Assessment of Occupant Response in Frontal Bus Crash Scenarios using Human Body Models to Improve Public Transportation Safety
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There has been limited investigation regarding occupant safety in transit bus crash scenarios. Experimental testing and numerical modelling can provide the insight required to reduce injury risk to transit bus passengers. Transport Canada (TC) has conducted a series of full-scale bus crash and frontal impact deceleration sled experiments as part of a research program to inform the development of crashworthiness standards for transit buses. Anthropomorphic Test Devices (ATD) were used in the TC experiments to assess occupant injury. ATDs have known limitations in replicating the response of a human passenger, primarily due to an overly stiff neck and thorax. Finite element ATDs and Human Body Models (HBM) are biofidelic occupant surrogate models that can be used in numerical crash simulations to predict response and localized tissue injury. This study expanded on the TC experimental work by using numerical simulations to assess transit bus passenger response and injury risk using a contemporary detailed HBM in a frontal impact scenario. A numerical model of the TC sled buck was developed and validated for a series of eight frontal impacts utilizing 50th and 5th percentile Hybrid III (HIII) ATD models as the occupants. The Global Human Body Models Consortium (GHBMC) male 50th percentile (M50) and female 5th percentile (F05) HBMs were seated in the test buck model and simulated for a 6.5g frontal impact pulse. The 50th percentile occupants impacted the forward handrail on the anterior side of the neck, which posed a risk of a crushing injury to the larynx cartilage. A crushing injury to the larynx could occlude airways and is a potentially fatal injury. The 5th percentile passenger showed a potential for impacting the forward handrail on the lower face instead of the anterior neck, resulting in a mandible and upper neck injury. This study investigated passive safety designs that could minimize the potential for passenger injury on transit buses without implementing seat belts. A lowered handrail resulted in the passenger being impacted on the thorax instead of the neck, effectively eliminating the injuries of the larynx, mandible, and neck at the expense of increased chest compression. The chest compression of the small stature HBM predicted a sternum fracture, which was still preferable over the crushing larynx injury observed in the experimental test buck design. This study demonstrated that the placement of rigid handrails could put passengers at risk of focal impact injuries during a crash. Simple design changes, such as lowering the handrail to engage the thorax instead of the face or neck, proved to be an effective way to avoid potentially lethal injury. Future work should investigate passenger injury using HBMs in other transit bus impact configurations, such as rear and side impacts with varying pulse severities.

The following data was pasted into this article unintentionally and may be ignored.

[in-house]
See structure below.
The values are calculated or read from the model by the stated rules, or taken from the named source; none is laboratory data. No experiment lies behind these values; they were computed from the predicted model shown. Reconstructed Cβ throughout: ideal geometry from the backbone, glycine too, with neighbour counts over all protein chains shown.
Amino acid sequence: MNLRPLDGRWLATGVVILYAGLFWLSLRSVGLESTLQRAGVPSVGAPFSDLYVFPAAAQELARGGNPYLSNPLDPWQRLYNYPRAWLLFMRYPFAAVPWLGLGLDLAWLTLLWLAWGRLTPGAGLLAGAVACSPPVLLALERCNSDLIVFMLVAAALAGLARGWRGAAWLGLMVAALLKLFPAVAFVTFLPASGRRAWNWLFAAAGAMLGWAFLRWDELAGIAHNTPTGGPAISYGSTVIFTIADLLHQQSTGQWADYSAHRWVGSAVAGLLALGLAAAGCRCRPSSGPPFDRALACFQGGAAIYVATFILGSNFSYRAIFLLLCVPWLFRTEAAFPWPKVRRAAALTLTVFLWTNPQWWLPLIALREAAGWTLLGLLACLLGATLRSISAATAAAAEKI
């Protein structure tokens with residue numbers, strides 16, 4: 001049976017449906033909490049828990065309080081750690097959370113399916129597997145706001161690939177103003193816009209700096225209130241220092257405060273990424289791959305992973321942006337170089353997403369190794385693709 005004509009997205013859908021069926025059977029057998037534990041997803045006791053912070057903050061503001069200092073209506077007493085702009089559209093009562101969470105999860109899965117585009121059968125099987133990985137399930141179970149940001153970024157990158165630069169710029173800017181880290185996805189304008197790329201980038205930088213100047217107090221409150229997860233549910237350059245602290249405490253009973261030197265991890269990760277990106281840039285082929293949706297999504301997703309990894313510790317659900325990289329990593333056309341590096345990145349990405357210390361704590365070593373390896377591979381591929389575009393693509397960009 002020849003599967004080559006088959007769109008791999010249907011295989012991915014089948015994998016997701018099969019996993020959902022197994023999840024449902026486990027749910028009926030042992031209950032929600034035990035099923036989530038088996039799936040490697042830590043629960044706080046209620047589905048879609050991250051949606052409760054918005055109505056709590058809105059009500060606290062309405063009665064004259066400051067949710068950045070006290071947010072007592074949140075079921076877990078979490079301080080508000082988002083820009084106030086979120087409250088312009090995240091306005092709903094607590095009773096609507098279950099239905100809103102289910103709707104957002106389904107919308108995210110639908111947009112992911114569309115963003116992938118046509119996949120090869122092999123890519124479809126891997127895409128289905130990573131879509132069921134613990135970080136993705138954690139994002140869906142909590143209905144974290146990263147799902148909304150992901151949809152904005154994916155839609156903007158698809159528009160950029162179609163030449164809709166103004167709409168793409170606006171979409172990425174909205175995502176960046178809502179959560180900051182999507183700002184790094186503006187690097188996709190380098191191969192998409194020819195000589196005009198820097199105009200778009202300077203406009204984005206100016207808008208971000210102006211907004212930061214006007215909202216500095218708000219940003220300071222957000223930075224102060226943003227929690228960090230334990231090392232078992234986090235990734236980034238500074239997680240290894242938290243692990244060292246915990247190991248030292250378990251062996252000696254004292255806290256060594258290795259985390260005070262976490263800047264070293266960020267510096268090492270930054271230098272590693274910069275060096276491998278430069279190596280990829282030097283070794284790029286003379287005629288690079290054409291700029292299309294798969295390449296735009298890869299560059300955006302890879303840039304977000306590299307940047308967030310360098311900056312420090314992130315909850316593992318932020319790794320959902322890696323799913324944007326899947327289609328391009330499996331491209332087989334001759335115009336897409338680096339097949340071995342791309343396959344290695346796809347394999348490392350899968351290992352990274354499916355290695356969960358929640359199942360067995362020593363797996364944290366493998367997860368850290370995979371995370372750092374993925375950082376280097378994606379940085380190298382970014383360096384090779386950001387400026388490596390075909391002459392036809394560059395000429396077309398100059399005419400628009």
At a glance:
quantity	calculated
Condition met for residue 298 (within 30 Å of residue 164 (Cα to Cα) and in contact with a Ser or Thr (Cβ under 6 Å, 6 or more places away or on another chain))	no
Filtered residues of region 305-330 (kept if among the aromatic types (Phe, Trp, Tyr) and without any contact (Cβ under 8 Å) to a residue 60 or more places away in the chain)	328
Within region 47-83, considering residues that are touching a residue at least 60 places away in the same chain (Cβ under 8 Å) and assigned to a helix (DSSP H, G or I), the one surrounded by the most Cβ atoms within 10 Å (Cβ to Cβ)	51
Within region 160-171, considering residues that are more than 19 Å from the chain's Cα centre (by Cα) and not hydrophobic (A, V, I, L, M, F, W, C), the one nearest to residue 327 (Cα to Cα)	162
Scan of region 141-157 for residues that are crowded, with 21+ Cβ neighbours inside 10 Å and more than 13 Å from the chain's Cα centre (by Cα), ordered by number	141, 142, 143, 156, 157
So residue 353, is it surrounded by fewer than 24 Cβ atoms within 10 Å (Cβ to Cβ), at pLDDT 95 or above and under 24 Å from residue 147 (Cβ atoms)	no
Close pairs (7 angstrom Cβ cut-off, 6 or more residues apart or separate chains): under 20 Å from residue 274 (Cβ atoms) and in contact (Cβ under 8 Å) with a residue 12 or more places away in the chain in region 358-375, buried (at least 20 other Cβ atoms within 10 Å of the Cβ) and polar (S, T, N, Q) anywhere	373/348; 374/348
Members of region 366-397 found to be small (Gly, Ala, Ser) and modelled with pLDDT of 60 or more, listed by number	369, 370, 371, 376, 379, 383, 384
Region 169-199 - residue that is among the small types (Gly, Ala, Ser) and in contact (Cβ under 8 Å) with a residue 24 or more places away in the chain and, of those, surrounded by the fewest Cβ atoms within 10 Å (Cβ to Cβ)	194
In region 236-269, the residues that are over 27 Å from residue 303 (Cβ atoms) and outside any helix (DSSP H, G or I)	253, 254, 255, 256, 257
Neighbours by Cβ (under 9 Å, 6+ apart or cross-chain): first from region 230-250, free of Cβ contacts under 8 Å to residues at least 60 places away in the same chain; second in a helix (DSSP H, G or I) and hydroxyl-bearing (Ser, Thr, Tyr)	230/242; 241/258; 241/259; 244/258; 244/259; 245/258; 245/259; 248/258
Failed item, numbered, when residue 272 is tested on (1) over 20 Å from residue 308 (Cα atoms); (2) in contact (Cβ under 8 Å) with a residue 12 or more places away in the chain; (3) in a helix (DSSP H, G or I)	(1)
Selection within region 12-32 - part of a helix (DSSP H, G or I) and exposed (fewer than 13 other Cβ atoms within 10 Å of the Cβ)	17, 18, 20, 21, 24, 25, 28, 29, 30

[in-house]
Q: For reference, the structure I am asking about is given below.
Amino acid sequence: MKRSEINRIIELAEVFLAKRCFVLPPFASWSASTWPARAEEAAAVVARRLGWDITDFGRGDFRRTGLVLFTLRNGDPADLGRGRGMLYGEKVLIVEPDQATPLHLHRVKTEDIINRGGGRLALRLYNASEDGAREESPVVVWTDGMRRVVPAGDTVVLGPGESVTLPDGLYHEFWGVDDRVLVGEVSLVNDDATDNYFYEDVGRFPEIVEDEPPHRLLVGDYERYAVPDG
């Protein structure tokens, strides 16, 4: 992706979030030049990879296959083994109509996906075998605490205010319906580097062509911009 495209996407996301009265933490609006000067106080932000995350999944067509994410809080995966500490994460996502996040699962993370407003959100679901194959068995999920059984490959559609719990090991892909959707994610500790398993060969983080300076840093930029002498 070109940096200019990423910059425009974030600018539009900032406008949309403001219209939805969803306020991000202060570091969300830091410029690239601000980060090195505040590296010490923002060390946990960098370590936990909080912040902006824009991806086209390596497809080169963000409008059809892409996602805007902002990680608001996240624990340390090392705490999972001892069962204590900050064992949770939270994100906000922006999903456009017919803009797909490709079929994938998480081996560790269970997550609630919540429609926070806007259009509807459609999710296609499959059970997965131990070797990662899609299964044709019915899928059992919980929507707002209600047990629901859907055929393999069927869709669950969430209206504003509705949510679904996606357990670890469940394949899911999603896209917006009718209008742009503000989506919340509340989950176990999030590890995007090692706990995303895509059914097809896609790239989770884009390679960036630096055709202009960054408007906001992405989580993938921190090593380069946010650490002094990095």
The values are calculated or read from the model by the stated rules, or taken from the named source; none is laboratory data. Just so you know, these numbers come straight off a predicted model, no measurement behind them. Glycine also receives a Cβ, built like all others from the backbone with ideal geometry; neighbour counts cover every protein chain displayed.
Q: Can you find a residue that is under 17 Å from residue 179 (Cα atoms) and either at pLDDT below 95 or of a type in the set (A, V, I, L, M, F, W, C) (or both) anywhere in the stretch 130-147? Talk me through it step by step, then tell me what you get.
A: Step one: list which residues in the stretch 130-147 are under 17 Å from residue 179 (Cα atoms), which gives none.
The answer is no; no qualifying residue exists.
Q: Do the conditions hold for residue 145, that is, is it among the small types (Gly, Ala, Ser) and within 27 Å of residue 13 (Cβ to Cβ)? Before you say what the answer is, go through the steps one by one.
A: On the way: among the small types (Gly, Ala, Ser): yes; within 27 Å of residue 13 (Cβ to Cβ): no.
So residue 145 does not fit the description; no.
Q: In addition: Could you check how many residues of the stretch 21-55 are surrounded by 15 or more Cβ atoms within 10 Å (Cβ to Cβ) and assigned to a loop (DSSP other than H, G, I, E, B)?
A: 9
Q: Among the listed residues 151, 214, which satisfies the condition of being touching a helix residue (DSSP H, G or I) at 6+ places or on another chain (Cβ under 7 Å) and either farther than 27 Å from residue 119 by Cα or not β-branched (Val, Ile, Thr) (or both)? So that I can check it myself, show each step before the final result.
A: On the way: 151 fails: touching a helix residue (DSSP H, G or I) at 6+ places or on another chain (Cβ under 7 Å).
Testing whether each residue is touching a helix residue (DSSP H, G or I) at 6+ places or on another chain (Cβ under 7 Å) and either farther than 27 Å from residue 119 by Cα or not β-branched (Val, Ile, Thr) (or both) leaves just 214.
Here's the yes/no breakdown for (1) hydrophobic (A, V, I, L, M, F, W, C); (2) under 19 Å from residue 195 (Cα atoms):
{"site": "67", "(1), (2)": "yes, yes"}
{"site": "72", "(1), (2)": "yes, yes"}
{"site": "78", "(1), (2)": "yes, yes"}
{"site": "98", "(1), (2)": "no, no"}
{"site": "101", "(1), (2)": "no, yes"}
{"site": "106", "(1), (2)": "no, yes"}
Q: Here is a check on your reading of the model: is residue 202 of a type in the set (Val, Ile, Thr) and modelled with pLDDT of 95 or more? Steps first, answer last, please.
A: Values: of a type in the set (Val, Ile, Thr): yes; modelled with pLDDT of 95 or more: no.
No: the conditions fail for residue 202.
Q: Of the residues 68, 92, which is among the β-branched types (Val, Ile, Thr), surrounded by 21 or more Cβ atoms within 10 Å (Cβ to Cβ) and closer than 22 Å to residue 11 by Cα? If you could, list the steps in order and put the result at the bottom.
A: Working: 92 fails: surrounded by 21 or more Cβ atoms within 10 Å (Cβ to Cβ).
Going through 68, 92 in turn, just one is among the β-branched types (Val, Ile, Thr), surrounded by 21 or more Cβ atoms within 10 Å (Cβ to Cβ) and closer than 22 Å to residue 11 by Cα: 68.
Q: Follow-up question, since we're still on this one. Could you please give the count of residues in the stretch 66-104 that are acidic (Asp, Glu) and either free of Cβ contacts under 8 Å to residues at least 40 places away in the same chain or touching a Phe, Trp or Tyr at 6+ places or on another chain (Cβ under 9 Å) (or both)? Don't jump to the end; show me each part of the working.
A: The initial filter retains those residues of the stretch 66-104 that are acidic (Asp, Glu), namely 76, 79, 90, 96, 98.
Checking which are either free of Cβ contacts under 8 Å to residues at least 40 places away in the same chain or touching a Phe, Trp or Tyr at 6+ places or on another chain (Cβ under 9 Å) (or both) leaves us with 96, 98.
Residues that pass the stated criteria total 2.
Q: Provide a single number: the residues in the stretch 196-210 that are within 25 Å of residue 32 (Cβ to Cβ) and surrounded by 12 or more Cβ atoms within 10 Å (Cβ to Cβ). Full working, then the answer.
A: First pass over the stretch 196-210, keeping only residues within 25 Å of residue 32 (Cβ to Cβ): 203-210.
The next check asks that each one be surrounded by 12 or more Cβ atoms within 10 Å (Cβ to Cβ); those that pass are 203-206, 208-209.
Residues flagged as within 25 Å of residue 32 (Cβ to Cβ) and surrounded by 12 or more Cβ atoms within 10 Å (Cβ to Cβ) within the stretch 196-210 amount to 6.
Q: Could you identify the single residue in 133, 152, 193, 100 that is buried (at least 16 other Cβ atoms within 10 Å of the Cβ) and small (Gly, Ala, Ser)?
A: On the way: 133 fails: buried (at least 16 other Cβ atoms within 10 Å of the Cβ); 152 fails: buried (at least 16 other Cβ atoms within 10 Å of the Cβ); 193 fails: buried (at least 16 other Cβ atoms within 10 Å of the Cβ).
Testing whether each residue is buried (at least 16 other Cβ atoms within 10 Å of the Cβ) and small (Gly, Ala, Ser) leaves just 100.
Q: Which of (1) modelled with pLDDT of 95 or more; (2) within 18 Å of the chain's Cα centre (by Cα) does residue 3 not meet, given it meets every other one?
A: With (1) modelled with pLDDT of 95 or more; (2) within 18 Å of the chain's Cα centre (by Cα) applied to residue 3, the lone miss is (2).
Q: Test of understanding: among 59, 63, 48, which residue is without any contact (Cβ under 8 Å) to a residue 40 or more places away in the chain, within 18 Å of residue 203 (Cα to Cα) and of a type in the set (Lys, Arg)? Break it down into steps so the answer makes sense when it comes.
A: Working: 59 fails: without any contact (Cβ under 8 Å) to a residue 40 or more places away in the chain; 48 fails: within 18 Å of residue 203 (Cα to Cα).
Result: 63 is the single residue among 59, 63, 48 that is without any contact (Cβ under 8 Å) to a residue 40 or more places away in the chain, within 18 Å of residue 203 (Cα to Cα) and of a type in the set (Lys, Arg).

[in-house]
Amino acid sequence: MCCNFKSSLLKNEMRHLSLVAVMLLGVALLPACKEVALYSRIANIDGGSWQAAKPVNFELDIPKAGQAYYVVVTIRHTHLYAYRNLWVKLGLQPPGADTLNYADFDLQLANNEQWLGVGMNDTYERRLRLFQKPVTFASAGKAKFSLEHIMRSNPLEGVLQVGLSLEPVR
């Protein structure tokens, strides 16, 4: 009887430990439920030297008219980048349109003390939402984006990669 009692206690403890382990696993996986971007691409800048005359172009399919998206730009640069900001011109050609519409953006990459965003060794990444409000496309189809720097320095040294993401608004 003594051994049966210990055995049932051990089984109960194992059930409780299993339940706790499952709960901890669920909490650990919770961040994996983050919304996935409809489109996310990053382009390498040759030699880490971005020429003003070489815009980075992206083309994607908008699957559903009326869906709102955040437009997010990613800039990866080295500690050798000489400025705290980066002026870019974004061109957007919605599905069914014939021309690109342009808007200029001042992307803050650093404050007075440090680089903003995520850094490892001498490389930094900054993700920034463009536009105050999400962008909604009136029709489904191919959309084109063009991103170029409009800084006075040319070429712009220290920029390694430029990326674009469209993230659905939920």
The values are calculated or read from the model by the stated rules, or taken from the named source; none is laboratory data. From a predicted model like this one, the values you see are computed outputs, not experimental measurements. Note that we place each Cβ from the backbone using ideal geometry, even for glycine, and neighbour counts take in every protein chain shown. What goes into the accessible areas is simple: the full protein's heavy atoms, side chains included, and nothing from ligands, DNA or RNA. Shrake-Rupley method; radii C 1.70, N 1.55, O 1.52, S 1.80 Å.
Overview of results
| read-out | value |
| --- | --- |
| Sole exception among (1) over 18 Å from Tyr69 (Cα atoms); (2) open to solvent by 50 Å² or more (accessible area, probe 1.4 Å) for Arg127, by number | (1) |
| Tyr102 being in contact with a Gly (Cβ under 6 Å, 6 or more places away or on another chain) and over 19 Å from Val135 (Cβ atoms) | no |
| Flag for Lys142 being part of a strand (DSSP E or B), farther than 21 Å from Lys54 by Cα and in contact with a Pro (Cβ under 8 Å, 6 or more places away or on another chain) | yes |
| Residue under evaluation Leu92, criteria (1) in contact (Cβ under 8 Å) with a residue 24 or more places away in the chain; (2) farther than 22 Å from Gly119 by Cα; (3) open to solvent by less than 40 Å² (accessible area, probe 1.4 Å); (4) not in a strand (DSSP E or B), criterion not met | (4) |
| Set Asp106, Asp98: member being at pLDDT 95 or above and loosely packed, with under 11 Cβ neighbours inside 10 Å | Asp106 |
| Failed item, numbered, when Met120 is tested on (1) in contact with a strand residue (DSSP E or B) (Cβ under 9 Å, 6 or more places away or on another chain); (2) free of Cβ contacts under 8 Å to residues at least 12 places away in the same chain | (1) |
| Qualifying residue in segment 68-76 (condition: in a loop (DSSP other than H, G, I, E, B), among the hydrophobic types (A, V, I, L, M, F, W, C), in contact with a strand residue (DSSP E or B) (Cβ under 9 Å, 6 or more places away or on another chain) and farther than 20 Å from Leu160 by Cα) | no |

Cite this version of the work
Christopher Pastula (2022). Assessment of Occupant Response in Frontal Bus Crash Scenarios using Human Body Models to Improve Public Transportation Safety. UWSpace. http://hdl.handle.net/10012/18796